This plump, multi-layered novel follows a musical instrument from 1933 Nazi Germany, where a boy who works in a harmonica factory is trying to rescue his father—jailed for Jewish sympathies—from a prison camp, to 1935 Depression-era Pennsylvania, where two brothers living in an orphanage attempt to stay together (the older, to protect the younger, joins Albert Hoxie’s Philadelphia Harmonica Band), to 1942 Southern California, where Ivy Maria Lopez must leave behind her school’s music program when her family becomes caretakers of a farm owned by a Japanese American family who have been recently interned in a prison camp. Each story is autonomous and compelling and then left on a knife’s edge—and the book ends (1951, New York, Carnegie Hall) with a revelation of how those stories intertwine and an assurance that music, in its beauty, has the power to mitigate bigotry and fear. A page-turner.
— Gā, Children's Book Buyer
2016 Newbery Honor Book New York Times Bestseller
An impassioned, uplifting, and virtuosic tour de force from a treasured storyteller! Lost and alone in a forbidden forest, Otto meets three mysterious sisters and suddenly finds himself entwined in a puzzling quest involving a prophecy, a promise, and a harmonica.
Decades later, Friedrich in Germany, Mike in Pennsylvania, and Ivy in California each, in turn, become interwoven when the very same harmonica lands in their lives. All the children face daunting challenges: rescuing a father, protecting a brother, holding a family together. And ultimately, pulled by the invisible thread of destiny, their suspenseful solo stories converge in an orchestral crescendo.
Richly imagined and masterfully crafted, Echo pushes the boundaries of genre, form, and storytelling innovation to create a wholly original novel that will resound in your heart long after the last note has been struck.
About the Author
Pam Muñoz Ryan is the recipient of the Newbery Honor Medal and the Kirkus Prize for her New York Times bestselling novel, Echo, as well as the NEA's Human and Civil Rights Award and the Virginia Hamilton Literary Award for multicultural literature for her body of work. Her celebrated novels, Echo, Esperanza Rising, The Dreamer, Riding Freedom, Becoming Naomi Léon, and Paint the Wind, have received countless accolades, among them two Pura Belpré Awards, a NAPPA Gold Award, a Jane Addams Children's Book Award, and two Américas Awards. Her acclaimed picture books include Amelia and Eleanor Go for a Ride and When Marian Sang, both illustrated by Brian Selznick, and Tony Baloney, illustrated by Edwin Fotheringham, as well as a beginning reader series featuring Tony Baloney. Ryan lives near San Diego, California, with her family.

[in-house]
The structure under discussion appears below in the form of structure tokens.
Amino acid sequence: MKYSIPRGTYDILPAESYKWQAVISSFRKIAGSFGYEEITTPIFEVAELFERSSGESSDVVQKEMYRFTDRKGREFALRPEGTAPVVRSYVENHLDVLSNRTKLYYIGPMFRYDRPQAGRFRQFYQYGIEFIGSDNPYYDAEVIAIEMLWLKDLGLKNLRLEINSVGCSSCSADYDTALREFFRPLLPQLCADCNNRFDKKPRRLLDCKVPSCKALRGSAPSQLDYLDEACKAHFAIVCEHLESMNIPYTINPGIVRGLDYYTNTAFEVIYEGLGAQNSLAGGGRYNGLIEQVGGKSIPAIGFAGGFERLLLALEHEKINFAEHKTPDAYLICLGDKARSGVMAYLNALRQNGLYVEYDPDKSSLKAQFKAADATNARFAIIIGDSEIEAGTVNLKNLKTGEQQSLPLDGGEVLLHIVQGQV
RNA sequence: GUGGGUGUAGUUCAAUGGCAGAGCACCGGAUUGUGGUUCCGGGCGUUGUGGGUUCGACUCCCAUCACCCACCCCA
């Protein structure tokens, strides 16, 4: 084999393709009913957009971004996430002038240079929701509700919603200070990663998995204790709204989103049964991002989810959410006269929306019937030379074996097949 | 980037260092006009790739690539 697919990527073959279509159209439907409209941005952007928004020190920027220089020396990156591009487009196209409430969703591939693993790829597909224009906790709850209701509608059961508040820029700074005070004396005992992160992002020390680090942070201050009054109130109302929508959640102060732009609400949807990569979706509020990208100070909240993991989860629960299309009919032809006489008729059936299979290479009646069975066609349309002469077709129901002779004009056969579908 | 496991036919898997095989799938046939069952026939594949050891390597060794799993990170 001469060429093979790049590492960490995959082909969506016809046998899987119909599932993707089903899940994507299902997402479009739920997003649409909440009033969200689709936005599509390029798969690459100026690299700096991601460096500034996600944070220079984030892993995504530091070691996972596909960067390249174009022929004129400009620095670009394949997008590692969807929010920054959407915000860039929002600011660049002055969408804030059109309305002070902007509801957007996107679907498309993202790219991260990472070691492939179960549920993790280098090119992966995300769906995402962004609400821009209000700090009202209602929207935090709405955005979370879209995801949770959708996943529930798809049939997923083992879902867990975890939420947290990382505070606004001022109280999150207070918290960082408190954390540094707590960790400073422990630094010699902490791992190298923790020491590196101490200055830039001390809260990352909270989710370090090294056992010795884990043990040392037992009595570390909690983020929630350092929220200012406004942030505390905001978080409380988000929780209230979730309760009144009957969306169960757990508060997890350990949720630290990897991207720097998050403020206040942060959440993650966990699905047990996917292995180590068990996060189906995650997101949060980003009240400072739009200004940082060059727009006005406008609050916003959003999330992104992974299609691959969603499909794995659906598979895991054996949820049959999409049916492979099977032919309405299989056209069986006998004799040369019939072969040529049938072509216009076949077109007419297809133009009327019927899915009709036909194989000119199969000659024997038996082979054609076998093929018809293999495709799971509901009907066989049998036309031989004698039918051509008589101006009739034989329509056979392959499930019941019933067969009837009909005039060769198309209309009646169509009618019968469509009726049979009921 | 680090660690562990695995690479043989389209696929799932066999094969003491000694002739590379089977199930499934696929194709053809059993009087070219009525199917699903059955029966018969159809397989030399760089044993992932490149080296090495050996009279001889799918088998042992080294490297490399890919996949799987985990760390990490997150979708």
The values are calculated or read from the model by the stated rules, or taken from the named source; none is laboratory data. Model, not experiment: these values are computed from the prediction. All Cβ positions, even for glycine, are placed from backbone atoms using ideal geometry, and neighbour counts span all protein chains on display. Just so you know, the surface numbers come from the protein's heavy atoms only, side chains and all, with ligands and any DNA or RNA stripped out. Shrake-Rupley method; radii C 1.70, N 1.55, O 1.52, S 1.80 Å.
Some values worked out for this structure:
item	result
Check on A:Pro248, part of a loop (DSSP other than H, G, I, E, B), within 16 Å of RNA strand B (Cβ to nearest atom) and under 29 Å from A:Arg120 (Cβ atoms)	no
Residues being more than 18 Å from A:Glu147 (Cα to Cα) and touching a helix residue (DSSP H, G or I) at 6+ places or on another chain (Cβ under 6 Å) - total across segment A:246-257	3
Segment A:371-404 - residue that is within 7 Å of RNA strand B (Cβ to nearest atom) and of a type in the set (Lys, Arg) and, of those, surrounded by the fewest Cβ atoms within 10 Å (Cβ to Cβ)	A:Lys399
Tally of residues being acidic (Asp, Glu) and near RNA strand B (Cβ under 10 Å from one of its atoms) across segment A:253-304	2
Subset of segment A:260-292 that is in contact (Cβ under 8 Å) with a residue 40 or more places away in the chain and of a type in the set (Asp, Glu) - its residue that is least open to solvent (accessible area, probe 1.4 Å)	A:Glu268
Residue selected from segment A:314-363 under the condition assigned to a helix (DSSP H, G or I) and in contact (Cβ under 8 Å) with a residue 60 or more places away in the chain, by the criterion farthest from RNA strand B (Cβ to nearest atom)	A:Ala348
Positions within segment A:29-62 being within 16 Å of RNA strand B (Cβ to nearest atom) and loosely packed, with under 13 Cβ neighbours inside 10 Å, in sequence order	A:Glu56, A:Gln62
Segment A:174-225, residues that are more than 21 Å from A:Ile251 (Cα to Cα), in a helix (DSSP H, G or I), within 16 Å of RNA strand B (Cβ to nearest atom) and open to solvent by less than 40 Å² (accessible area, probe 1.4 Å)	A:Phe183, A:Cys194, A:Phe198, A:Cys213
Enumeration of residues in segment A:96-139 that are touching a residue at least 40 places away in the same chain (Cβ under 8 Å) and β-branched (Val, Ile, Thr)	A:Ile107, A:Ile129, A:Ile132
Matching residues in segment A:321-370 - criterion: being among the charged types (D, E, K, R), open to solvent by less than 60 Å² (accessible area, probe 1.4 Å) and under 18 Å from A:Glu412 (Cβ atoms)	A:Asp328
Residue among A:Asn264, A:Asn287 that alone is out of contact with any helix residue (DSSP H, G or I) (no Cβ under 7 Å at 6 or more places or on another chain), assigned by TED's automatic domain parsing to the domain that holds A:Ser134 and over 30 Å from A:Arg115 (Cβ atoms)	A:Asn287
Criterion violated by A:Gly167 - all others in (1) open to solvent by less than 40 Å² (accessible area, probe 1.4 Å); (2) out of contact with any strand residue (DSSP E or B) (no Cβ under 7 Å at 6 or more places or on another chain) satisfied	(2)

Awards and Praise for Echo:
A New York Times Notable Book A Publishers Weekly Best Book An ILA Notable Book for a Global Society An ALA Notable Children's Book Winner of the 2015 Kirkus Prize for Young Readers
* "The story of Otto and the cursed sisters honor timeless and traditional folktales [and] Ryan has created three contemporary characters who, through faith and perseverance, write their own happy endings, inspiring readers to believe they can do the same." -- School Library Journal, starred review
* "A grand narrative that examines the power of music to inspire beauty in a world overrun with fear and intolerance." -- Kirkus Reviews, starred review
* "Each individual story is engaging, but together they harmonize to create a thrilling whole." -- Publishers Weekly, starred review
"A masterpiece." -- Christopher Paul Curtis, author of Newbery Medal-winning Bud, Not Buddy
"Daring and beautiful." --Linda Sue Park, author of Newbery Medal-winning A Single Shard